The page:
Human Rights Watch report paints a bleak picture in over 100 countries, including the jailing of journalists in Turkey

Unabated, human rights abuses continue to hit countries such as Zimbabwe, Turkey and Russia, despite a new broom of leadership in the southern African country.

This was revealed by the Human Rights Watch (HRW) when it released in Johannesburg, South Africa, it’s 2019 World Reports, covering many countries around the world.

Zimbabwe’s President Emmerson Mnangagwa took office last year after Robert Mugabe was forced to resign.

HRW Southern Africa Director Dewa Mavhinga warned: “Zimbabwean security forces use live ammunition at protestors. About five people are shot and killed daily, according to our records. We also know thousands are being displaced, there has been a crackdown where police and army got into people’s home in Harare, beating up people indiscriminately.

“We speak to people, there is a continued shut down on access to social media, although the internet has partially been distorted to people of Zimbabwe, this censorship adds serious, unprecedented violence was witnessed over the last three days in Zimbabwe, really undermines any attempts that international engagement by Zimbabwe and economic revival. We know that there is a direct connect, link between human rights respect, rule of law and economic revival,” said Mavhinda, addressing local and international media.

Human Rights Watch meeting in Johannesburg, South Africa.

Since the beginning of this week, Zimbabwe has seen protests after a petrol increase of 150%, the highest and most expensive in the world.

Mavhinda shared his fear of failing officials who have no desire to stop killings and abuse of protestors as Mnangagwa is currently in Russia looking for support for an economic revival, and from there he goes to Davos.

“It should be clear there is need to ensure a peaceful environment in Zimbabwe so that investors can come in. No investors will want to come and invest in a country that is burning, these are the challenges we see. Zimbabwe has not met progress towards genuine and sincere reforms despite pronouncement and promise by Mnangagwa and his supporters.

“The new dispensation promised change and to move in Zimbabwe into a new, different direction from that taken by Mugabe in the last thirty-seven years. Mnangagwa is failing to fulfil his promises as human rights violations continue. It is quite worrying there are protests and there is no solution in terms of abuses,” Mavhinda added.

HRW’s Deputy Program Director Babatunde Olugboji, based in the US, is visiting South Africa for the launch of the report, calls on the Kenyan government to respond to terrible killings and help to victims to get reasonable medical treatment after this week’s terrorist attack by Al Shabaab at a hotel centre in Nairobi.

The reports highlight in 2018: “South Africa’s record on respect for human rights and the rule of law remained poor under the new President Cyril Ramaphosa as the corruption, high employment, and violent against crime significantly restricted the country’s enjoyment of their rights.” The report also criticises South African’s government for sending mixed signals about its position on the International Criminal Court as the domestic court rejected the government’s withdrawal notice from the ICC.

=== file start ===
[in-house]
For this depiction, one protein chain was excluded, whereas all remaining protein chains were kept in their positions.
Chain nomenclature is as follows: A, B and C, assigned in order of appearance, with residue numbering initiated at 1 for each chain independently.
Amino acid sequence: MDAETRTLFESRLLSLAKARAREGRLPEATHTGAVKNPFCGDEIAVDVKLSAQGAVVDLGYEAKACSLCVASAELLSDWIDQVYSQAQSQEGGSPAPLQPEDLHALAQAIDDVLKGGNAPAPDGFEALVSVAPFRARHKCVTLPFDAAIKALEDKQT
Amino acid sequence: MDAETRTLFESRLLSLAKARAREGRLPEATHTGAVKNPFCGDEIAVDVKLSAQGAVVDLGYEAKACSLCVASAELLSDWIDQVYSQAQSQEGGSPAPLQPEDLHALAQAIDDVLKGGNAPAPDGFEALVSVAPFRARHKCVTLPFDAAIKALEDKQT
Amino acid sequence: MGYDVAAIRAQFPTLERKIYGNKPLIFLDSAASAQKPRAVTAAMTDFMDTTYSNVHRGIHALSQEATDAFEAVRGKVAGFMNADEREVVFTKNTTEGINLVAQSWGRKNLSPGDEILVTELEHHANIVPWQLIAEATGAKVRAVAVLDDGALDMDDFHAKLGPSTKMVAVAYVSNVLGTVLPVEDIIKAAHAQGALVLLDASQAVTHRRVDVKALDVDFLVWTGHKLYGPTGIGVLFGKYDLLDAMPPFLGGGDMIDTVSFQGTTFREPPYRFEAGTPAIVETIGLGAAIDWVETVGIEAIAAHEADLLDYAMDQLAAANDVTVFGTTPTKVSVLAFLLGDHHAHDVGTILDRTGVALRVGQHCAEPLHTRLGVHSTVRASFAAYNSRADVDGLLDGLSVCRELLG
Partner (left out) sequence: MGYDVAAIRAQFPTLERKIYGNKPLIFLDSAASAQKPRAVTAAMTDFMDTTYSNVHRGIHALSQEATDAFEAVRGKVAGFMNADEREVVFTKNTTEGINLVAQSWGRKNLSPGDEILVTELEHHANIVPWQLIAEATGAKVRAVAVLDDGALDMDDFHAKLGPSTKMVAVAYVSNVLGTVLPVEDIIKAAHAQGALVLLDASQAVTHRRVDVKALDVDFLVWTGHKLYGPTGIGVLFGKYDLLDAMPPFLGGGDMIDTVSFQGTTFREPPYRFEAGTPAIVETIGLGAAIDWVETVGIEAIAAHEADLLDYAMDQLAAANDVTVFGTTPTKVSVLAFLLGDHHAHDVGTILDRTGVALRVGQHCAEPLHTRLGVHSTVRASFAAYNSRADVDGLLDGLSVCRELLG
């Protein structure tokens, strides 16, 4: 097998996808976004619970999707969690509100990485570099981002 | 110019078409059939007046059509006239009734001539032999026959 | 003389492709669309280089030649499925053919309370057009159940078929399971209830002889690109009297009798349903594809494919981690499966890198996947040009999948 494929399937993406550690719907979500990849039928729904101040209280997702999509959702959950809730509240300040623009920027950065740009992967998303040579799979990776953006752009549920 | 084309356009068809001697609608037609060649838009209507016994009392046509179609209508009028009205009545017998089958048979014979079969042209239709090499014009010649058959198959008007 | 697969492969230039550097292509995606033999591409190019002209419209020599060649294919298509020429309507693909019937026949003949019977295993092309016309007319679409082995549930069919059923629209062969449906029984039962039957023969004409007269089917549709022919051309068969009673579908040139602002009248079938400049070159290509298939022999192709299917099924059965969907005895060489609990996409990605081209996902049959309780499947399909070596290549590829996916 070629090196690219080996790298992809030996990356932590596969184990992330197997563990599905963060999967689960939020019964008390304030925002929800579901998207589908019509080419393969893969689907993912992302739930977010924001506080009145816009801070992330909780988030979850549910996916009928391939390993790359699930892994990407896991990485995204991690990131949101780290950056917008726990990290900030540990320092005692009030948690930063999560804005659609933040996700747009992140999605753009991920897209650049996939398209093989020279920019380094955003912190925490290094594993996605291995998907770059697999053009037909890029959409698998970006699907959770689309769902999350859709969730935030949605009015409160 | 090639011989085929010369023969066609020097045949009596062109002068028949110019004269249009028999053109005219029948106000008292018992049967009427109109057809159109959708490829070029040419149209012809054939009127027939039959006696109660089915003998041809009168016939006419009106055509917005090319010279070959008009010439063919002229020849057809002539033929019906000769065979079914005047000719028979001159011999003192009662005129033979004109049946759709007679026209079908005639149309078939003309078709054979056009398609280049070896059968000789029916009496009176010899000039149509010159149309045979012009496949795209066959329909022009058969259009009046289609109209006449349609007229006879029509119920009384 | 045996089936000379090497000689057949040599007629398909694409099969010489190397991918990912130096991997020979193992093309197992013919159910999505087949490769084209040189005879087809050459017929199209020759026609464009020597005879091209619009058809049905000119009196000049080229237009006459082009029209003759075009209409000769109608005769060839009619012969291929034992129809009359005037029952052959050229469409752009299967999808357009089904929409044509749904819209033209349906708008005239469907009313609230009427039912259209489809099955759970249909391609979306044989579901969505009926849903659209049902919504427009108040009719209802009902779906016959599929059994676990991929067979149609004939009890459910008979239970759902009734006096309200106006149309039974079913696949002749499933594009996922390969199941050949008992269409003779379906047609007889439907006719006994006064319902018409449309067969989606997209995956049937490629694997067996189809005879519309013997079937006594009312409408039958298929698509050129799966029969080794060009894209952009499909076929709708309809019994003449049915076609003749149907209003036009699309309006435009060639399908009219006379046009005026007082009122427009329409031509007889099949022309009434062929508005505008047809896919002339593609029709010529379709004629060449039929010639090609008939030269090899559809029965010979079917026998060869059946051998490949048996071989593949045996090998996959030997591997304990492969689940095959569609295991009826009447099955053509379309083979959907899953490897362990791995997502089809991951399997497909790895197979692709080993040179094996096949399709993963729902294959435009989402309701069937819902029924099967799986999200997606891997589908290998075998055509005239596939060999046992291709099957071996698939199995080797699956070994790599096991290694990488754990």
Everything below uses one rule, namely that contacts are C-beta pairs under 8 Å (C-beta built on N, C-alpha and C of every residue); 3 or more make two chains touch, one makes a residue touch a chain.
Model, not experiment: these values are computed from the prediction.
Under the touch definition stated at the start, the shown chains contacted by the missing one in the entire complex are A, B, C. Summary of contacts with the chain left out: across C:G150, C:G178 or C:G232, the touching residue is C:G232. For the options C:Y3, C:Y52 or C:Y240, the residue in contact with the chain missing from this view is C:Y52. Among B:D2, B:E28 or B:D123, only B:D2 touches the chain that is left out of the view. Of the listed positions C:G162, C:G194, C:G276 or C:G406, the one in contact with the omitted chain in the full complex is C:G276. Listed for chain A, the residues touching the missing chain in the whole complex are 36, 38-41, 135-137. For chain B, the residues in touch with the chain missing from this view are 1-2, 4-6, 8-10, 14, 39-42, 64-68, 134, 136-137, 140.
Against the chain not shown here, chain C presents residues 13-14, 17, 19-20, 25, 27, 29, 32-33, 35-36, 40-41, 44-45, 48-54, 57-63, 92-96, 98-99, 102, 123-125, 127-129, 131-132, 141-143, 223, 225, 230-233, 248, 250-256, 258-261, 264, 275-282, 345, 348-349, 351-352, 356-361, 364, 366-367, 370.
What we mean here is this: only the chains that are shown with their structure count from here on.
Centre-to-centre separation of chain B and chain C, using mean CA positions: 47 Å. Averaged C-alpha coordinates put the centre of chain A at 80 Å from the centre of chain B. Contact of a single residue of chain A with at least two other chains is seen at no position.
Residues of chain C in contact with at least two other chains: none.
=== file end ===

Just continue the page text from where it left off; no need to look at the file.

Mavhinga also called on eSwatini (formerly Swaziland) to allow multi-democracy. The reports criticise King Mswati II, ruling Swaziland since 1986, and the government for not reviving The State of Emergency degree, which has been in force since 1973 or changed the law to allow the formation and participation of political parties in elections.

There is no press freedom in Turkey, journalists yearn for better conditions

The report also lashed out at Angolan security forces for several extrajudicial killings of young men suspected of crimes and arbitrarily arrests of peaceful protestors and activist. The report praised new President Joao Lourenco for his anti-corruption campaign that led to arrests and investigations of several former government officials, including former President Jose Eduardo Dos Santos’s relatives. The report criticises Angola’s government for violating journalists’ rights, and expelling 400 000 Congolese migrants to prevent “illegal mining and smuggling”.

HRW reports said that Angola has no evidence to back up this claim. The report praised Angola for contributing to LGBT rights.  

In Mozambique, the report criticises President Filipe Nyusi for failing to protect people’s rights as security forces committed serious human rights violations in response to suspected Islamist armed groups in the northern Cabo Delgadi province.  

The 674-page World Report 2019 reviews human rights practices in more than 100 countries. HRW Executive Director Kenneth Roth gives a positive message that autocratic rule is facing a powerful counterattack. The report warns uncertainty in Zimbabwe and points out Turkey as the remaining, biggest jailer of journalists. Today a Dutch journalist was deported by Ankara. China President Xi Jinping doubled down on repression as the government has arrested over a million Uighur in “political education” camps in Xinjiang province,  while Ethiopia Prime Minister Abiy Ahmed has lifted the state of emergency and released thousands of prisoners, the report says.

Turkey’s worrying brain drain, those who left speak their minds

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